Wisdom of Solomon 12:20


18 Although you are sovereign in strength, you judge with mildness, and with great forbearance you govern us; for you have power to act whenever you choose. 19 Through such works you have taught your people that the righteous must be kind, and you have filled your children with good hope, because you give repentance for sins. 20 For if you punished with such great care and indulgence the enemies of your servants and those deserving of death, granting them time and opportunity to give up their wickedness, 21 with what strictness you have judged your children, to whose ancestors you gave oaths and covenants full of good promises! 22 So while chastening us you scourge our enemies ten thousand times more, so that, when we judge, we may meditate upon your goodness, and when we are judged, we may expect mercy.

2 Peter 3:9

New Testament

7 But by the same word the present heavens and earth have been reserved for fire, by being kept for the day of judgment and destruction of the ungodly. 8 Now, dear friends, do not let this one thing escape your notice, that a single day is like a thousand years with the Lord and a thousand years are like a single day. 9 The Lord is not slow concerning his promise, as some regard slowness, but is being patient toward you because he does not wish for any to perish but for all to come to repentance. 10 But the day of the Lord will come like a thief; when it comes, the heavens will disappear with a horrific noise, and the celestial bodies will melt away in a blaze, and the earth and every deed done on it will be laid bare. 11 Since all these things are to melt away in this manner, what sort of people must you be, conducting your lives in holiness and godliness,

 Notes and References

"... Although it is certainly not overt, Wisdom of Solomon 12:20-22 may hint at the notion that the sage considers the Israelites to be the beneficiaries of collective reward ... Israel’s enemies receive God’s justice, although he spreads out his punishment so as to provide them with the possibility of saving themselves through repentance and reform. This delay in punishment to Israel’s enemies is a form of mercy, although the sinful nature of these people cannot prevent the inevitable fate of an unrepentant sinner. Likewise, the sage views the punishment experienced by Israel as a form of mercy even greater than the mercy shown to her enemies. God judges his people strictly (verse 21), yet the sage asserts that Israel can expect mercy (verse 22). The only intervening observation between the claim that God judges Israel strictly, which would normally seem to preclude mercy, and the claim that Israel can expect mercy is the recollection of promises made to Israel’s ancestors (verse 21). The divine remembrance of these promises as an act of intergenerational reward is not explicit, but it is reminiscent of the discussion of David and Solomon in Ben Sira’s Praise of the Ancestors ..."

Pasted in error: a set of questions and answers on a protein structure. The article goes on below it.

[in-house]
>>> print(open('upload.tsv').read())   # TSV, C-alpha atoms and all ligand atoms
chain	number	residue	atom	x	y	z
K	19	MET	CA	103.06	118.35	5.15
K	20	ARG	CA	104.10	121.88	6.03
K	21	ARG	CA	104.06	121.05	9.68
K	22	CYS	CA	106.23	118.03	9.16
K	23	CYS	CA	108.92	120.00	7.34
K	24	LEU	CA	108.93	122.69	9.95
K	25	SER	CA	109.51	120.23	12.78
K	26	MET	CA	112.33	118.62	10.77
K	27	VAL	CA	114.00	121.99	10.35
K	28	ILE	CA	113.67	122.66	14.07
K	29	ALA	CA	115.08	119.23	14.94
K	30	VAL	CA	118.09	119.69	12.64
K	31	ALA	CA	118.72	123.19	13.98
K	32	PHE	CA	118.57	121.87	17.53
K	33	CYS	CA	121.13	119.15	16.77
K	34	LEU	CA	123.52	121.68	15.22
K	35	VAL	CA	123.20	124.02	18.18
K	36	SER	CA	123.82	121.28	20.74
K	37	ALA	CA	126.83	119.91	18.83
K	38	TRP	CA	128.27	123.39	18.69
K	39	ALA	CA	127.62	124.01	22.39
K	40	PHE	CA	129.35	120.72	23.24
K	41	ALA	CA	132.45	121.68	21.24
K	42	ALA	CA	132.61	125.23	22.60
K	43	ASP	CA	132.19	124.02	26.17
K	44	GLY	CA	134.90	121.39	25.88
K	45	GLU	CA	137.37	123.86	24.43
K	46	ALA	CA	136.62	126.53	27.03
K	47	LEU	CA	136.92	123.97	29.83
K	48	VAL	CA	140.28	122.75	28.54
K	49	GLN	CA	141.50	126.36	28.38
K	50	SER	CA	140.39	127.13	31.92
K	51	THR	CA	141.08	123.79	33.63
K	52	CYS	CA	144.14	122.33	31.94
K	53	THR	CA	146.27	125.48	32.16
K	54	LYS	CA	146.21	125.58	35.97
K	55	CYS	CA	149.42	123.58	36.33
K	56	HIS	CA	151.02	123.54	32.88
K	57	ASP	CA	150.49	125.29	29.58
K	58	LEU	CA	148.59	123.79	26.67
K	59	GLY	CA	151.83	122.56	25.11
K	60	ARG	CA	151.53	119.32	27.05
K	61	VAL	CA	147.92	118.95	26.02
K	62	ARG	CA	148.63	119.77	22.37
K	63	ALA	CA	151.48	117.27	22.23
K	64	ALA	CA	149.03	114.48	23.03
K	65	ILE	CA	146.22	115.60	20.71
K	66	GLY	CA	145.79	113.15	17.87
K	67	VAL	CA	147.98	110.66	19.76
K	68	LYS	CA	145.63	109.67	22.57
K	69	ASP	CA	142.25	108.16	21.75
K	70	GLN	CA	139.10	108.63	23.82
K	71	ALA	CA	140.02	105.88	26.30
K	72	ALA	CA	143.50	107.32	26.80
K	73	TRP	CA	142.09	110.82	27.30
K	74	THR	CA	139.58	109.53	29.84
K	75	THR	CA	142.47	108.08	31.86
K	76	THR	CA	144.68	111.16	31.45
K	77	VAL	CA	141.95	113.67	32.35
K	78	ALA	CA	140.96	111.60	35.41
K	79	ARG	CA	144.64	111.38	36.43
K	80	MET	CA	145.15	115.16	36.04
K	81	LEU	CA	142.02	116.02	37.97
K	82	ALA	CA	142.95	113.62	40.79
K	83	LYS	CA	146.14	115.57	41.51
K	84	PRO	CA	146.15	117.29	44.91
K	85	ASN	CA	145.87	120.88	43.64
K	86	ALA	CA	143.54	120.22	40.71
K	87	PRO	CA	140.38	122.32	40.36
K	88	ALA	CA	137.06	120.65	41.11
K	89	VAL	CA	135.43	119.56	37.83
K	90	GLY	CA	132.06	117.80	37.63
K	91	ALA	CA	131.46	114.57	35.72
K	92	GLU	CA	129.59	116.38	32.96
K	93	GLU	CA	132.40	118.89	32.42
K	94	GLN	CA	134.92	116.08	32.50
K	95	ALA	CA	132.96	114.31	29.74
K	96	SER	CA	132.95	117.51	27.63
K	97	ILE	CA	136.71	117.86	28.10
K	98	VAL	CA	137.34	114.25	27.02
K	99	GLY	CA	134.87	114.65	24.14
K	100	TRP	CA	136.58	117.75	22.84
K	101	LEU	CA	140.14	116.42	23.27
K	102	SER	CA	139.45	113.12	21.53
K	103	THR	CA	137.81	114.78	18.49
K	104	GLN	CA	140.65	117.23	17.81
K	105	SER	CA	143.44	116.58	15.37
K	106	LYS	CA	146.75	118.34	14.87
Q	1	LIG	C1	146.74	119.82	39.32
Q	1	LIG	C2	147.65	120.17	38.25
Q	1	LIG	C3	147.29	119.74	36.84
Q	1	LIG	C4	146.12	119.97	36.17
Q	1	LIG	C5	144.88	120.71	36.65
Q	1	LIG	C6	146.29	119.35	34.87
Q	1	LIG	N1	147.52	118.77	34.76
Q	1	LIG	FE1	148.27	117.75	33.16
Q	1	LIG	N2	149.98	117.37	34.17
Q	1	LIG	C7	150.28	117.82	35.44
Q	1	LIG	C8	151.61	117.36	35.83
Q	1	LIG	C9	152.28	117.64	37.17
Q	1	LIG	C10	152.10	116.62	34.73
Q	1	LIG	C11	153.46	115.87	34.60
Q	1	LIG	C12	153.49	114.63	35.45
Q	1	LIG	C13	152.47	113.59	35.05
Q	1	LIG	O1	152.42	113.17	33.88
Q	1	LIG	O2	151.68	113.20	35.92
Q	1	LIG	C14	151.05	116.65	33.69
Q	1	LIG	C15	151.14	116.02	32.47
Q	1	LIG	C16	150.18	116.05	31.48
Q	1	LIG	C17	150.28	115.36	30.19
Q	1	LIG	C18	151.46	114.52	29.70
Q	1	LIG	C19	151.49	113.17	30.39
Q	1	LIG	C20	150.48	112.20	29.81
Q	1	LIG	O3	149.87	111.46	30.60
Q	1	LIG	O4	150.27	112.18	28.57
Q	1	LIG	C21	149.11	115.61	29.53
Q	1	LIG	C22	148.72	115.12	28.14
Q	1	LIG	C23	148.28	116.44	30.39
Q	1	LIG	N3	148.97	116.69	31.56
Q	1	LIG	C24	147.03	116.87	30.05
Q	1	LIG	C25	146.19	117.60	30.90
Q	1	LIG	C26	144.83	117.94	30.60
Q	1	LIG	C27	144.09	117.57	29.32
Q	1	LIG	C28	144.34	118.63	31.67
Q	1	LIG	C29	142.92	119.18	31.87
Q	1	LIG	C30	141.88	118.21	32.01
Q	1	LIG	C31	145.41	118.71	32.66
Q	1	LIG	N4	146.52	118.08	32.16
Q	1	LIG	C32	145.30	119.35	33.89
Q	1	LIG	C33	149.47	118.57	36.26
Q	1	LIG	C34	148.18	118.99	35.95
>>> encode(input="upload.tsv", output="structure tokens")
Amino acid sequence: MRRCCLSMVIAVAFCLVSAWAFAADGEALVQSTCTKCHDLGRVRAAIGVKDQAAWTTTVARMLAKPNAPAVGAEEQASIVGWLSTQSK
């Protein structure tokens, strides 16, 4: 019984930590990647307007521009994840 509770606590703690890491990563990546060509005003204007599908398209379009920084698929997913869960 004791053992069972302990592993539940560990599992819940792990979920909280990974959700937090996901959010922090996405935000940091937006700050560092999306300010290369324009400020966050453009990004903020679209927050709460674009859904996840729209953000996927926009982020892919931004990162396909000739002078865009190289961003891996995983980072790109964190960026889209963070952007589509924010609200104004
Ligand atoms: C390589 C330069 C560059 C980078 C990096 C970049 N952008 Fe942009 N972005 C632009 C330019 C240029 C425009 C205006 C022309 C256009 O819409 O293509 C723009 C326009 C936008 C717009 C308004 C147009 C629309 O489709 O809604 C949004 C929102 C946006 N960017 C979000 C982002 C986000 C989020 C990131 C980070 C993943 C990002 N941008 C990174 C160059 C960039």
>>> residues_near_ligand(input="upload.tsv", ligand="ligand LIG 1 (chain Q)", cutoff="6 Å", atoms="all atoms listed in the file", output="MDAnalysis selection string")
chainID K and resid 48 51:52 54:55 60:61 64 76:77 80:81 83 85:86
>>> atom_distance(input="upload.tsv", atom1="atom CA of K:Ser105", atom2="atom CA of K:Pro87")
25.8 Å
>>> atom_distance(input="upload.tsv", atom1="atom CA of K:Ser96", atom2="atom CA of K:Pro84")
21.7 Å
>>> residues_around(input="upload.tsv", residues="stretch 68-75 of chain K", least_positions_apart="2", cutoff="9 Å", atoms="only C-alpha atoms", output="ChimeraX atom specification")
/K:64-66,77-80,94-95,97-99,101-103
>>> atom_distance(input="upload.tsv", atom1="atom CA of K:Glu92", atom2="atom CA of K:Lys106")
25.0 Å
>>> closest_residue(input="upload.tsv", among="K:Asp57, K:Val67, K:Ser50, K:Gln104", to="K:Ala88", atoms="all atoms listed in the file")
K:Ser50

Kapfer, Hilary Claire Collective Accountability among the Sages of Ancient Israel (pp. 179-180) Harvard University, 2013

 User Comments

Do you have questions or comments about these texts? Please submit them here.